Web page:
Monday, December 1, 2008
The Secret History of Moscow
Ekaterina Sedia's The Secret History of Moscow evokes two distinct, vivid worlds unfamiliar to mainstream US readers. First is Moscow of the 1990s, with Communism dead, gangsters staking their claim to the beginnings of democracy and most people keeping their heads down and getting by. Second is the underworld beneath Moscow, where storybook creatures, Pagan gods and disposessed humans live an eternal life of...well, getting by.
Random Muscovites are disappearing, and eyewitnesses swear they turn into birds and fly away. Galina, a young woman who has always seen things fluttering at the edges of her vision, loses her sister in this way. Yakov, a weary young policeman fully aware of his pointless job, tries to help. Fyodor, a reprobate street artist, has the clue they need: he's seen swarms of birds fly in and out of the underworld. These three pilgrims enter this strange but sweetly mundane spiritual realm hoping to find the reason for these transformations, and a way to help Galina's sister.
Sedia (author of The Alchemy of Stone) uses a prose style that is brisk, strong and clear. She doesn't waste a lot of time on subplots or needless description, nor does she scrimp on background. She keeps the characters' relationships, even the non-human ones, refreshingly realistic. Even immortal deities and creatures who inhabit nightmares speak with distinct personality and without any of that faux-formal talk so often used to designate otherworldliness. The underworld itself avoids the accepted cliches of faerie, becoming a distorted mirror-image of the society above it without lapsing into either blatant politics or satire (there is a lot of commentary on what it's like to live in Russia both past and present, but it never comes across as didactic). And most delightfully (to me, at least, as a reader weary of such things) it's not the first of a trilogy or a series. It's a self-contained one-off tale that sets up its characters and themes, then resolves them beautifully. In fact, the perfectly-judged conclusion brings the story close to being an actual folk-tale itself.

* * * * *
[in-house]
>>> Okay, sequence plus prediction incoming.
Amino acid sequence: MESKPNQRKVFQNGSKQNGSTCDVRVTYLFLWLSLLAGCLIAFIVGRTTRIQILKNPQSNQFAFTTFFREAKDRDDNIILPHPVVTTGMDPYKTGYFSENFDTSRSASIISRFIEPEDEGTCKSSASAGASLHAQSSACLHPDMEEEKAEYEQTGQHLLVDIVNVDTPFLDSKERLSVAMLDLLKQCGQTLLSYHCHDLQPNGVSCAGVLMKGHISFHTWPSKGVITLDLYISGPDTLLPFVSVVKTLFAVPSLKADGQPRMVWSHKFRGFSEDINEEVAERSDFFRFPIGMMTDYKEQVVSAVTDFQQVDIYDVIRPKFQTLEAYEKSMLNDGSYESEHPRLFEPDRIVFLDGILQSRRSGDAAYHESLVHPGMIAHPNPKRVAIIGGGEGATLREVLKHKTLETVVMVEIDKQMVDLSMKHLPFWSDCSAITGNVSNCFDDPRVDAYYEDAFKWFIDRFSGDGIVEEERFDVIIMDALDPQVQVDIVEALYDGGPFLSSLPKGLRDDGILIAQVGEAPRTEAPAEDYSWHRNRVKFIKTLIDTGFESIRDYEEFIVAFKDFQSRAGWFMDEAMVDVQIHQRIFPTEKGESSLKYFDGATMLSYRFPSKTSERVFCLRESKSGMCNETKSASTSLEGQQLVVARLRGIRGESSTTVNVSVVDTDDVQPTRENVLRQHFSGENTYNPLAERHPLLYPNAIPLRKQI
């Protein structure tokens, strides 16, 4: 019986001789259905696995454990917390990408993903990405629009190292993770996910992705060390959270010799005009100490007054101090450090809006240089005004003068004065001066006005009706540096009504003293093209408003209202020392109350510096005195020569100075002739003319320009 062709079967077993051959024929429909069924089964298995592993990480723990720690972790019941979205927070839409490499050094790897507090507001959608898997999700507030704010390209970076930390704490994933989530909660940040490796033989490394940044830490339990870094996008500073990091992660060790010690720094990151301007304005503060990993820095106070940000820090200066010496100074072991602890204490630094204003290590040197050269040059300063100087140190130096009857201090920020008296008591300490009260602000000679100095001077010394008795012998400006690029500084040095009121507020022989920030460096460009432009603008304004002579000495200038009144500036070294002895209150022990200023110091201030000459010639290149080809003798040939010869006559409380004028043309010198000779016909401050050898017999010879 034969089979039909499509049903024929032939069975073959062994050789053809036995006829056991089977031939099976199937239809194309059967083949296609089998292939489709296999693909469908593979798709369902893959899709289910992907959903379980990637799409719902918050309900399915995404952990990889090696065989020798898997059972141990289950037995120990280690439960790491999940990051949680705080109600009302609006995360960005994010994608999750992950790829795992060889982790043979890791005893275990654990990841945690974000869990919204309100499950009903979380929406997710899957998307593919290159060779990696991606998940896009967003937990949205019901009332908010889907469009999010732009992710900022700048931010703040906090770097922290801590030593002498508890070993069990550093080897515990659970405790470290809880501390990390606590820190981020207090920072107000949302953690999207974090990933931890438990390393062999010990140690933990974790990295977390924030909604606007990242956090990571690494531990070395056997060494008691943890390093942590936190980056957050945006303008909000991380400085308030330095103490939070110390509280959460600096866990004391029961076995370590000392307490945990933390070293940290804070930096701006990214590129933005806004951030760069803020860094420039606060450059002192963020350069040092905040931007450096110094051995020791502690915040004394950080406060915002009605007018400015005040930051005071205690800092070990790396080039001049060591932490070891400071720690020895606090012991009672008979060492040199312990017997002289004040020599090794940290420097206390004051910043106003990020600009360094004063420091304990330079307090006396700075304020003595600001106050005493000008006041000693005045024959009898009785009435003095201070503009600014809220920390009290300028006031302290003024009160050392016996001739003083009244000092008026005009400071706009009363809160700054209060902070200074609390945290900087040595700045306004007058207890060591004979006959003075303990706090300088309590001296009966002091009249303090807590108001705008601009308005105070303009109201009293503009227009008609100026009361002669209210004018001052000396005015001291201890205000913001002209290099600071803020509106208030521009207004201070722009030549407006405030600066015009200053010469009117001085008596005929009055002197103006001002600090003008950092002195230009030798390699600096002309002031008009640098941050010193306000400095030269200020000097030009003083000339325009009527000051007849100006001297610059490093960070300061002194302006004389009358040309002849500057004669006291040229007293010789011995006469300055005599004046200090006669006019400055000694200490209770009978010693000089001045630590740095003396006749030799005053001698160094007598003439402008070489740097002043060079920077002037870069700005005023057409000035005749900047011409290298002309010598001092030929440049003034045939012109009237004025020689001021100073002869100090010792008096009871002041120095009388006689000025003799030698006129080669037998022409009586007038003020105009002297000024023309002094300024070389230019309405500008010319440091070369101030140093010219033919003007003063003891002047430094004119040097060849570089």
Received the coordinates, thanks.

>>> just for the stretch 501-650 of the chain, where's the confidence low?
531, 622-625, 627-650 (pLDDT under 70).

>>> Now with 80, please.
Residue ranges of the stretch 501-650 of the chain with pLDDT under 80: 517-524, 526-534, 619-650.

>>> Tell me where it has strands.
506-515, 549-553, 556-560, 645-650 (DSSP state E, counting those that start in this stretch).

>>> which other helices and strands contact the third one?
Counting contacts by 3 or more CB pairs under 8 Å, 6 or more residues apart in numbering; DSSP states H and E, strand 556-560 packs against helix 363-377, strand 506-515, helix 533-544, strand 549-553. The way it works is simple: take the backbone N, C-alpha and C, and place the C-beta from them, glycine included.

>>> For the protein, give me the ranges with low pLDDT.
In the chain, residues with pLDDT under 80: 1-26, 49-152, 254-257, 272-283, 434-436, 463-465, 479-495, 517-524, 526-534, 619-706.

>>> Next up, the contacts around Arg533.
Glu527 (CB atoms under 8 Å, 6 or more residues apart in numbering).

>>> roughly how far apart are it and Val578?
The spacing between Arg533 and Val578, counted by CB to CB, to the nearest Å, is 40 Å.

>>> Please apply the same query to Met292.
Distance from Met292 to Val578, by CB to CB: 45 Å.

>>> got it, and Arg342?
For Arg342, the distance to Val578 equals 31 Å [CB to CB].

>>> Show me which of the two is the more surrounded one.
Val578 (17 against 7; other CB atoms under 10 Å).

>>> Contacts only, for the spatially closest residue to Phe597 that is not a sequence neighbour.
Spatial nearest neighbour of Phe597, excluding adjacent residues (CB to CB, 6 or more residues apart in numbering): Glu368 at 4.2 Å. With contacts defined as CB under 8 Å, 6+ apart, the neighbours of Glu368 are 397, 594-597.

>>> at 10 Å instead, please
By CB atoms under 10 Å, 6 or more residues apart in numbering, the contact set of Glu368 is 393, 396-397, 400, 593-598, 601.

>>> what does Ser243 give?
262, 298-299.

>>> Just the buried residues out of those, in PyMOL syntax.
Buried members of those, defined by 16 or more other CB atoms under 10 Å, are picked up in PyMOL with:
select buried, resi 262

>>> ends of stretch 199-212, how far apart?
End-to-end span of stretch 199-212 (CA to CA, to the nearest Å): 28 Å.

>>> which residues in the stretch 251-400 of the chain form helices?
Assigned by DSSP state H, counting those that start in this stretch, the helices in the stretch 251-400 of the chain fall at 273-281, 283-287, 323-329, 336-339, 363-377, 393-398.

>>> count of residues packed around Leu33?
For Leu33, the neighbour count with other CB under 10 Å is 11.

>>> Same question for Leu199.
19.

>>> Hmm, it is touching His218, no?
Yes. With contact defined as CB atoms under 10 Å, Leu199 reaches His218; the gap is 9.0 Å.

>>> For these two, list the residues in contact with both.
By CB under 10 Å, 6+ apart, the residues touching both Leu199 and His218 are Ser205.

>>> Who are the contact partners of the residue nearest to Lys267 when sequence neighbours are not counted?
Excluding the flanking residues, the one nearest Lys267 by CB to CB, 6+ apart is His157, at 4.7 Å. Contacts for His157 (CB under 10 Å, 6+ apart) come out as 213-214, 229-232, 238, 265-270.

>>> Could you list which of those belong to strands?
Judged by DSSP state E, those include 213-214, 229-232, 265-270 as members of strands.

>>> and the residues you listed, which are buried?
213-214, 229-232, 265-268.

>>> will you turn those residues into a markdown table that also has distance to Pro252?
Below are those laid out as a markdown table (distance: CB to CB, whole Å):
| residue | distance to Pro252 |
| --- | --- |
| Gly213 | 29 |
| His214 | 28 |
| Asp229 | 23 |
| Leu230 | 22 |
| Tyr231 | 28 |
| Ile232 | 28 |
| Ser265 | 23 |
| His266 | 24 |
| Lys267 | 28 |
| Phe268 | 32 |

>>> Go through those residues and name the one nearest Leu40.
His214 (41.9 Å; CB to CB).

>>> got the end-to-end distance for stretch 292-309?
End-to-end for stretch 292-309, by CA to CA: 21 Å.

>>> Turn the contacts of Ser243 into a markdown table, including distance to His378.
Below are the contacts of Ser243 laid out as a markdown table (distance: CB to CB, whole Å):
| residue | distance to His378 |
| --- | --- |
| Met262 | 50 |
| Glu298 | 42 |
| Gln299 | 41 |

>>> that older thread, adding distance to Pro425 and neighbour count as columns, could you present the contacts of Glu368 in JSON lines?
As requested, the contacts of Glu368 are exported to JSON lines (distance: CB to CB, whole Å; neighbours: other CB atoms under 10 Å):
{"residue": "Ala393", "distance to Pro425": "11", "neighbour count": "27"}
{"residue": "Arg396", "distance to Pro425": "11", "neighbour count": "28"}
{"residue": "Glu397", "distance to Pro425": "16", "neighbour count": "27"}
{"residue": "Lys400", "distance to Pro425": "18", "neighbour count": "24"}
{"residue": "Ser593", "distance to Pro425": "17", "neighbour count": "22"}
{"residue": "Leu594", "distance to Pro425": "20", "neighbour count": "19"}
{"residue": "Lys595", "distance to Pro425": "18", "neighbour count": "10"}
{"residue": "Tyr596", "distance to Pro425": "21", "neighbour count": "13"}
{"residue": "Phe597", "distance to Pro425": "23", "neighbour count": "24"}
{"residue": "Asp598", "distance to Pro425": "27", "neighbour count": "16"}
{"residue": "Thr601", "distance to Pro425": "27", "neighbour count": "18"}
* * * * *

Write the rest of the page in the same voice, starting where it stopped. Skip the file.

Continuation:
But it's the vivid oddness of this Muscovian underworld that really sets it apart. Russian folklore, with its mixture of European and Asian influences, gives her a wide canvas, and the human characters knows these strange figures just as Americans would know Snow White or Little Red Riding Hood. Further, some of the characters encountered in the underworld are historical figures on their way to becoming folklore, such as Elena, one of the "Decembrists' Widows," whose status in Russian history has become almost legendary.
For guys, the biggest recommendation I can make is that the story doesn't feel like it's written for girls. Magical realism as a genre tends to skew toward a very feminine view of things; I don't mean this as a value judgment, and I've written some myself so I know it's not a function of the writer's gender. But there's something about faerie tales, otherworlds and the like that speaks to the feminine aspect of both men and women, possibly because it requires a kind of sensitivity that our culture considers feminine. Whatever its source or cause, Sedia avoids it completely. There's a fair bit of action, a lot of humor and just the right amount of suspense, making The Secret History of Moscow a tour through two worlds, above and below, that are both wonderlands to Western readers.